Strengthening forests: our long-term carbon sinks

Land-based carbon sinks should play a bigger role in national and international climate action planning

ClimateEurope, Global

Forest in Navarre, Spain. The capability of terrestrial carbon sinks needs greater recognition and traditional emissions trading systems should be expanded to encompass them. ©Alamy

The UN Climate Change Conference takes place at an opportune moment. The COVID-19 pandemic has opened our eyes to the necessity of sustainable development. Even more so, we understand the interconnectedness that defines various goals and undertakings. The fight against climate change is carried out through all 17 goals of Agenda 2030.

I hope to see this complexity of challenges and needed measures reflected at the negotiating table.

The reduction of emissions that add to global warming must be carried out more effectively. In the EU, forests absorb approximately 10% of the atmospheric carbon dioxide that is produced by other sectors. That said, the more traditional emissions trading system should be expanded to also include compensation for land-based carbon sequestration. Like the land use and forestry (LULUCF) regulation in the European Union, this addition of carbon sinks to emissions trading would maintain and strengthen our long-term carbon sinks in accordance with the Paris Agreement.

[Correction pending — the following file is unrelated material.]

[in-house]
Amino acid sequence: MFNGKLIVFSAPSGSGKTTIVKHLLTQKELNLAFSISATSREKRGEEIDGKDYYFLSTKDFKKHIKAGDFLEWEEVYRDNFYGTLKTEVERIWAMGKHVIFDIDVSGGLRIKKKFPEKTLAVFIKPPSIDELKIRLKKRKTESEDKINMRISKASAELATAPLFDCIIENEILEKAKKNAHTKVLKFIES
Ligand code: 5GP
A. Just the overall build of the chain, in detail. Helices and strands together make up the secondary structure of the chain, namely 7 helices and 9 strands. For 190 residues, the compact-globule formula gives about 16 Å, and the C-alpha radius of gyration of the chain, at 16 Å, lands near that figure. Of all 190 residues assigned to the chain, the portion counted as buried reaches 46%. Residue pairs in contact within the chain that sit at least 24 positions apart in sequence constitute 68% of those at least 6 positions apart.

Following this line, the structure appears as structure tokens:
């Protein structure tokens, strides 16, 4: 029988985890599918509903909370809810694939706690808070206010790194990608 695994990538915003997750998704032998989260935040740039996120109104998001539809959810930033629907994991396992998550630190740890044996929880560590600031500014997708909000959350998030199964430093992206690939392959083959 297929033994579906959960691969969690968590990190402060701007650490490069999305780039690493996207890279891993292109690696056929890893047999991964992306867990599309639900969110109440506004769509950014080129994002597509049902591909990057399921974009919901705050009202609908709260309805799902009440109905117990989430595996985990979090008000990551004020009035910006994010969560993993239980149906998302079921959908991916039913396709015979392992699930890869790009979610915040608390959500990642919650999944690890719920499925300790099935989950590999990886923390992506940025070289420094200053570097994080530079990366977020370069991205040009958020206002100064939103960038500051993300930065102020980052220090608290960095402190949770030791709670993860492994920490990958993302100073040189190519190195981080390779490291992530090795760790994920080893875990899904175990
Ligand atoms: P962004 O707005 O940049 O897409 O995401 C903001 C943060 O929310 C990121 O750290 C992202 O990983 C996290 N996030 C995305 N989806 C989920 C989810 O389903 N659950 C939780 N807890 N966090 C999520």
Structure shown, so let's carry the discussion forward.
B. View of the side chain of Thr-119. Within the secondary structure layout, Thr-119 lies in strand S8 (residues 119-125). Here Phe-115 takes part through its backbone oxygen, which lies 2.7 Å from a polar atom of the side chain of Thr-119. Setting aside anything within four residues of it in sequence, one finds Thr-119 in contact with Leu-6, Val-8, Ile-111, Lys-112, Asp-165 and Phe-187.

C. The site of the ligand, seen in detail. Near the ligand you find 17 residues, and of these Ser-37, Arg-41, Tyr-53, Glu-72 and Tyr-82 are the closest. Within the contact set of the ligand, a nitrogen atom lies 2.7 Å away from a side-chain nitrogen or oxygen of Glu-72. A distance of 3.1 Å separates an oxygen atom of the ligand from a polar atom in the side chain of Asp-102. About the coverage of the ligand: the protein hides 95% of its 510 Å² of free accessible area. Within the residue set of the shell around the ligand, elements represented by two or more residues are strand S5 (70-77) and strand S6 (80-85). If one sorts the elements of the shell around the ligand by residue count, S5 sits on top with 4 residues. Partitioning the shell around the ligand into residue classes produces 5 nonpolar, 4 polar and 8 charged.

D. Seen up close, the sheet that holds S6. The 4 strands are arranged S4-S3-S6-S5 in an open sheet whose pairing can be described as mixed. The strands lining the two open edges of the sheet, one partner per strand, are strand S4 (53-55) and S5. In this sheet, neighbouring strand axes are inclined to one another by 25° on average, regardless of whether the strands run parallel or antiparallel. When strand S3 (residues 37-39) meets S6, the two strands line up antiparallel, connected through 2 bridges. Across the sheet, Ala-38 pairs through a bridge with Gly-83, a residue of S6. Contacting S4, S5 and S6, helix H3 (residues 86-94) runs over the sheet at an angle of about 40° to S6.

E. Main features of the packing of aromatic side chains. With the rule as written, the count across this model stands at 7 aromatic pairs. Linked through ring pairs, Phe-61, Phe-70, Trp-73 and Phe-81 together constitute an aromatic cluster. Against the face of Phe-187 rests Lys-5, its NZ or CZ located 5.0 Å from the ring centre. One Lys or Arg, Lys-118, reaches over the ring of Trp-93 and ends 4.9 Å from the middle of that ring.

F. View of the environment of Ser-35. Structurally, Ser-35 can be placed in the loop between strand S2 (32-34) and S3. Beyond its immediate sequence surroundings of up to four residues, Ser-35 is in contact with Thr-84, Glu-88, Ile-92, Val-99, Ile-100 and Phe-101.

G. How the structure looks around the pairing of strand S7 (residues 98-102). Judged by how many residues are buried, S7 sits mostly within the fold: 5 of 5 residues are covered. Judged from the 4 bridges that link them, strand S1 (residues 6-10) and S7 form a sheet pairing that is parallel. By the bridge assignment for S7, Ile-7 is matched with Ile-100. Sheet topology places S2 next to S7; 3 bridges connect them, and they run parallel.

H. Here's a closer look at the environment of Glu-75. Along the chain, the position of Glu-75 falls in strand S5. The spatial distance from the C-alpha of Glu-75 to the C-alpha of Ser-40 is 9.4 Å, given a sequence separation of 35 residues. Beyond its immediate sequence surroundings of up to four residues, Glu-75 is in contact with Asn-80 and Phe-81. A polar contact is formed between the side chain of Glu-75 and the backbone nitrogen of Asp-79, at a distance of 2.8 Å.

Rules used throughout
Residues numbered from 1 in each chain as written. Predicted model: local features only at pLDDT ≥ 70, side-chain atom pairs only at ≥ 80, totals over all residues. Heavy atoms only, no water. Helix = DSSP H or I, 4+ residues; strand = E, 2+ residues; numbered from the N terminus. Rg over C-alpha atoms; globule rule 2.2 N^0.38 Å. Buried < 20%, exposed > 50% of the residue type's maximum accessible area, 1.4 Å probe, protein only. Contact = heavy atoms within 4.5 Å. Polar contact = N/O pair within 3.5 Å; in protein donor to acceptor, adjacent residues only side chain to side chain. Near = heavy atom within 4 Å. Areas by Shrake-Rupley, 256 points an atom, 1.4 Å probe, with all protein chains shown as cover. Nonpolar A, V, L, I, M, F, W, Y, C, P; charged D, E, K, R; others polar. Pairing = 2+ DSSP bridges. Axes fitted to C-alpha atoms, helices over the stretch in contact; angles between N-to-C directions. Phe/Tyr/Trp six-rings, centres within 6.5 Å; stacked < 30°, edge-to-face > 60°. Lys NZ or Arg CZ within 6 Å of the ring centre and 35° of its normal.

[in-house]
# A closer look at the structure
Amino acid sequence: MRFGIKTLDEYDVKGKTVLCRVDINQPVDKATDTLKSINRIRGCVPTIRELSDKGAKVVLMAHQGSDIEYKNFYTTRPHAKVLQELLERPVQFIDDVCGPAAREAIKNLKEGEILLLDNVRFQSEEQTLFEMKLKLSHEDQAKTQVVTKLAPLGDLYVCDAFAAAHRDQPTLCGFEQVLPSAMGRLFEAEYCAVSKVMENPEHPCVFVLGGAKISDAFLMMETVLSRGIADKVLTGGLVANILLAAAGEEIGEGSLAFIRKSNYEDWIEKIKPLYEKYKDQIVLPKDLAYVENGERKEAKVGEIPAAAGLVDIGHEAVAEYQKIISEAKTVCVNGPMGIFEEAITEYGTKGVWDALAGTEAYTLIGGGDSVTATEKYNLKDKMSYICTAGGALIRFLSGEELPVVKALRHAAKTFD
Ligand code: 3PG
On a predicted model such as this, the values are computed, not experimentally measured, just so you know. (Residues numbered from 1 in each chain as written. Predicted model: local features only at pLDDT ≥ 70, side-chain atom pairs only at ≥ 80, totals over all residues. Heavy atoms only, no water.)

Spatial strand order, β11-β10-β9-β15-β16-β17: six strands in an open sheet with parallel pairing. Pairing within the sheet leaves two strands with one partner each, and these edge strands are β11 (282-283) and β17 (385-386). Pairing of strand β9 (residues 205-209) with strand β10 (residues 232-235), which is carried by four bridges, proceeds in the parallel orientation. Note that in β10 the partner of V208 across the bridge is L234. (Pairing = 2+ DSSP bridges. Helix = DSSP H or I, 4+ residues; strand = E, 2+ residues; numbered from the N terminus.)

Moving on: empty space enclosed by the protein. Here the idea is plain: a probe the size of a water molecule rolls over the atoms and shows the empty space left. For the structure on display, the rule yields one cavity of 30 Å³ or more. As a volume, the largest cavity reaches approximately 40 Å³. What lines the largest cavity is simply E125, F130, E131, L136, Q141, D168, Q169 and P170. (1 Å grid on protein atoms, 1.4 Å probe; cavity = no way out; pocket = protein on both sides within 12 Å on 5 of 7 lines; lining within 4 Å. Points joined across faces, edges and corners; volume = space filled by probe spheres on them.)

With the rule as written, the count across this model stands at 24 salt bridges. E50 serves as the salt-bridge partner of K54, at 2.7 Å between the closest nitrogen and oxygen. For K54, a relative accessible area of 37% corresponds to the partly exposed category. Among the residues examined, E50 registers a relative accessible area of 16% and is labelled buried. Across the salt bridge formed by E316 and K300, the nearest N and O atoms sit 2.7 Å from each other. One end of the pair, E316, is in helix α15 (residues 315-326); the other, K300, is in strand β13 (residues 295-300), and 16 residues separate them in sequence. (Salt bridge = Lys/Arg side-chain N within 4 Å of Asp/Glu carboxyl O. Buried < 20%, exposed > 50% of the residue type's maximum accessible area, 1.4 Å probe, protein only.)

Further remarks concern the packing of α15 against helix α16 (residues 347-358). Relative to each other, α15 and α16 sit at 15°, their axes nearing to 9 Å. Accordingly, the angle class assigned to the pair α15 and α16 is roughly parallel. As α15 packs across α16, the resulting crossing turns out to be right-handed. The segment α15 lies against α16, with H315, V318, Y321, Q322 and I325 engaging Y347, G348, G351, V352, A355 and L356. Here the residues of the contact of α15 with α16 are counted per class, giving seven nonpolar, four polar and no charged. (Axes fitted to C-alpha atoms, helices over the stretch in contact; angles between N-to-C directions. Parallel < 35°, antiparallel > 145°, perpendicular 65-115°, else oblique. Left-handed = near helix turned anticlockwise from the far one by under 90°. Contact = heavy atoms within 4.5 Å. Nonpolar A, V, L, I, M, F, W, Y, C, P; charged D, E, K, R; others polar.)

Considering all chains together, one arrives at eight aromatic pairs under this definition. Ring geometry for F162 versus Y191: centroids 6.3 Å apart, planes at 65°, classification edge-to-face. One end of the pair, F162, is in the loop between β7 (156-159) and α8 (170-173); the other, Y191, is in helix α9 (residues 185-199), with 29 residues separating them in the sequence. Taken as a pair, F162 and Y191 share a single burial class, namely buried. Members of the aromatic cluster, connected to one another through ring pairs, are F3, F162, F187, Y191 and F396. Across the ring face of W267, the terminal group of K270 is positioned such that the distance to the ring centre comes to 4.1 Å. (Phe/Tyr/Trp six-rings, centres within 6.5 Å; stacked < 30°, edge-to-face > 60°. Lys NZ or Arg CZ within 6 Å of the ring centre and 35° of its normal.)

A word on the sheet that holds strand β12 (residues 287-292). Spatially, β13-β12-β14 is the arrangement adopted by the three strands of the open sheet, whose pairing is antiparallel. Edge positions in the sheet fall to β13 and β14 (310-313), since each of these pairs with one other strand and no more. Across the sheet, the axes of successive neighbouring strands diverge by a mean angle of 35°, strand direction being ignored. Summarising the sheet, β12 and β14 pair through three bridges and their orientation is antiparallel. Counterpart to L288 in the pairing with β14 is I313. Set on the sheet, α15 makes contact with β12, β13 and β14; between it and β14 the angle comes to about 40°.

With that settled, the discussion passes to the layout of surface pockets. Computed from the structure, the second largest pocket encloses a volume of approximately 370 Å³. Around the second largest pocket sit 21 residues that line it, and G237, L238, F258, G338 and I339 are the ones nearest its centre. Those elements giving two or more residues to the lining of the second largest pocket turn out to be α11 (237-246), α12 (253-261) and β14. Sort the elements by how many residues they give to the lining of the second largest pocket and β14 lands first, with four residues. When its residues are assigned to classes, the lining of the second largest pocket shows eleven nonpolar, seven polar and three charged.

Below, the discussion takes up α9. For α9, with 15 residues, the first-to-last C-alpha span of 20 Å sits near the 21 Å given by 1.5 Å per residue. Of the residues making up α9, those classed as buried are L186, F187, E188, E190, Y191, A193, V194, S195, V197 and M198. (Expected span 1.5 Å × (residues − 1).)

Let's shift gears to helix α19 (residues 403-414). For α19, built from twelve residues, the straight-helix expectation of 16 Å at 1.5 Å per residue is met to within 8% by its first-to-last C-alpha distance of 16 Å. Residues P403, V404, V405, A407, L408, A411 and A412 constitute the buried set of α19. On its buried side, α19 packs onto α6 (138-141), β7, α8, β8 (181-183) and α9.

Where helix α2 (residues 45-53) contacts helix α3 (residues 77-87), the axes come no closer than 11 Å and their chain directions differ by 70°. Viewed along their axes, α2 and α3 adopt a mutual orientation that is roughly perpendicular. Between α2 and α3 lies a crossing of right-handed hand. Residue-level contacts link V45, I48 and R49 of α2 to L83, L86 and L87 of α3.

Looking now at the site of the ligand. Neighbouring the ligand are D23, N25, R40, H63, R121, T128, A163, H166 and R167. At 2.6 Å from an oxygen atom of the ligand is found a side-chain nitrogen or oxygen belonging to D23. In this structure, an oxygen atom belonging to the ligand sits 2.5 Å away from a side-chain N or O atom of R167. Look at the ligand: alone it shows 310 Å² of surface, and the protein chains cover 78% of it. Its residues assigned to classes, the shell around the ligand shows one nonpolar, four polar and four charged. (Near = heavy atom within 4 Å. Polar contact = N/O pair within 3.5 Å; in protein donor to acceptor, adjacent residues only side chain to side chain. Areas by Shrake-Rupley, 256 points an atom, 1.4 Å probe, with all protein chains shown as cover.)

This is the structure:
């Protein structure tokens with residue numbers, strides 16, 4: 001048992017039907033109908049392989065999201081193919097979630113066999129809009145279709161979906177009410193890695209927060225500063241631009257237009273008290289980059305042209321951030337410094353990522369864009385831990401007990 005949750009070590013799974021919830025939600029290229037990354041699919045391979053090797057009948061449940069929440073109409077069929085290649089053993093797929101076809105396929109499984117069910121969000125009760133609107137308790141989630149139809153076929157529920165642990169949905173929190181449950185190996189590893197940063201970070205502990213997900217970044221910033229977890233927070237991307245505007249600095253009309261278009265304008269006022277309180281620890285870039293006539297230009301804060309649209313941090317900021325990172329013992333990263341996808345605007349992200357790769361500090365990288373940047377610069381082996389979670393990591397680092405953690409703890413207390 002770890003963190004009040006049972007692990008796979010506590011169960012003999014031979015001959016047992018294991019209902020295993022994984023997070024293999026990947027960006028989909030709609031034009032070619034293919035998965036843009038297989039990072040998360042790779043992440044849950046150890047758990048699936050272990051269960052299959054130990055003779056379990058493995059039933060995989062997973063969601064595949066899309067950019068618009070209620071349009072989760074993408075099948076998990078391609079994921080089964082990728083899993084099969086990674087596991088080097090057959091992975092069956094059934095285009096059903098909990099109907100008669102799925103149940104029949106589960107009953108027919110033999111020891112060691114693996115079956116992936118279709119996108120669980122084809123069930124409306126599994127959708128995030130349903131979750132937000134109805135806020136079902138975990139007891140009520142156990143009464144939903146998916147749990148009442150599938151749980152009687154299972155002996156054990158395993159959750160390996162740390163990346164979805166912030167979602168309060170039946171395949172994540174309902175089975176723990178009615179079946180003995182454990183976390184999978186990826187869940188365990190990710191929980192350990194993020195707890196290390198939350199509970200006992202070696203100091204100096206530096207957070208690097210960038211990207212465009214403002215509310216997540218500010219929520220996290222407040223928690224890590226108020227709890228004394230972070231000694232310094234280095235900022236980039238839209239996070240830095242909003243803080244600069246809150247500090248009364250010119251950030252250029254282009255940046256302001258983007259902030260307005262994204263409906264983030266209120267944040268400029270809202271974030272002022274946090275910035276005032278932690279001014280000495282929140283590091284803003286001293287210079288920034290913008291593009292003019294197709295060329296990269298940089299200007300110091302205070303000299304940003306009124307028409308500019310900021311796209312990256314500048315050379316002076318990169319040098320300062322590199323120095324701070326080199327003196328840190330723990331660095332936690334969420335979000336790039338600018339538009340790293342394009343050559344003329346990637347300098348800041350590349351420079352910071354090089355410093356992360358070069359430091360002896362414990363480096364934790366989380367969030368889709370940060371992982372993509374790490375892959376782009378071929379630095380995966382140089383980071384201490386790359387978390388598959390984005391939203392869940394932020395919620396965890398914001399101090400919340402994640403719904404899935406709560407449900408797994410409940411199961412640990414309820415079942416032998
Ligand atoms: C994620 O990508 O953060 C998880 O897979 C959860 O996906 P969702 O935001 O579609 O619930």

However, a clear definition of carbon sinks based on measurements and models is a requirement. Otherwise, there is no way of knowing how different land-use and management measures affect the concentration of atmospheric carbon dioxide and other greenhouse gases (GHGs). In addition to GHGs, forests also have other climate impacts, such as low albedo (warming effect), atmospheric aerosols (cooling effect), and cloudiness (cooling effect). Forests also have a key role in biodiversity, and it is essential that challenges in climate change and biodiversity are tackled together.

Terrestrial sequestration of carbon dioxide can be strengthened by taking care of the growth potential and health of our forests, and by increasing forest carbon storage. The reduction of GHG emissions through carbon sequestration nationally endorses climate actions globally.

It is time to take action. The post-COVID reconstruction of the economy gives us an immense possibility to steer economic growth to a path of greater sustainable development.

With thanks to Professor Markku Kulmala, Docent Anna Lintunen, and Mii Vuorensalmi for their contribution to this article.

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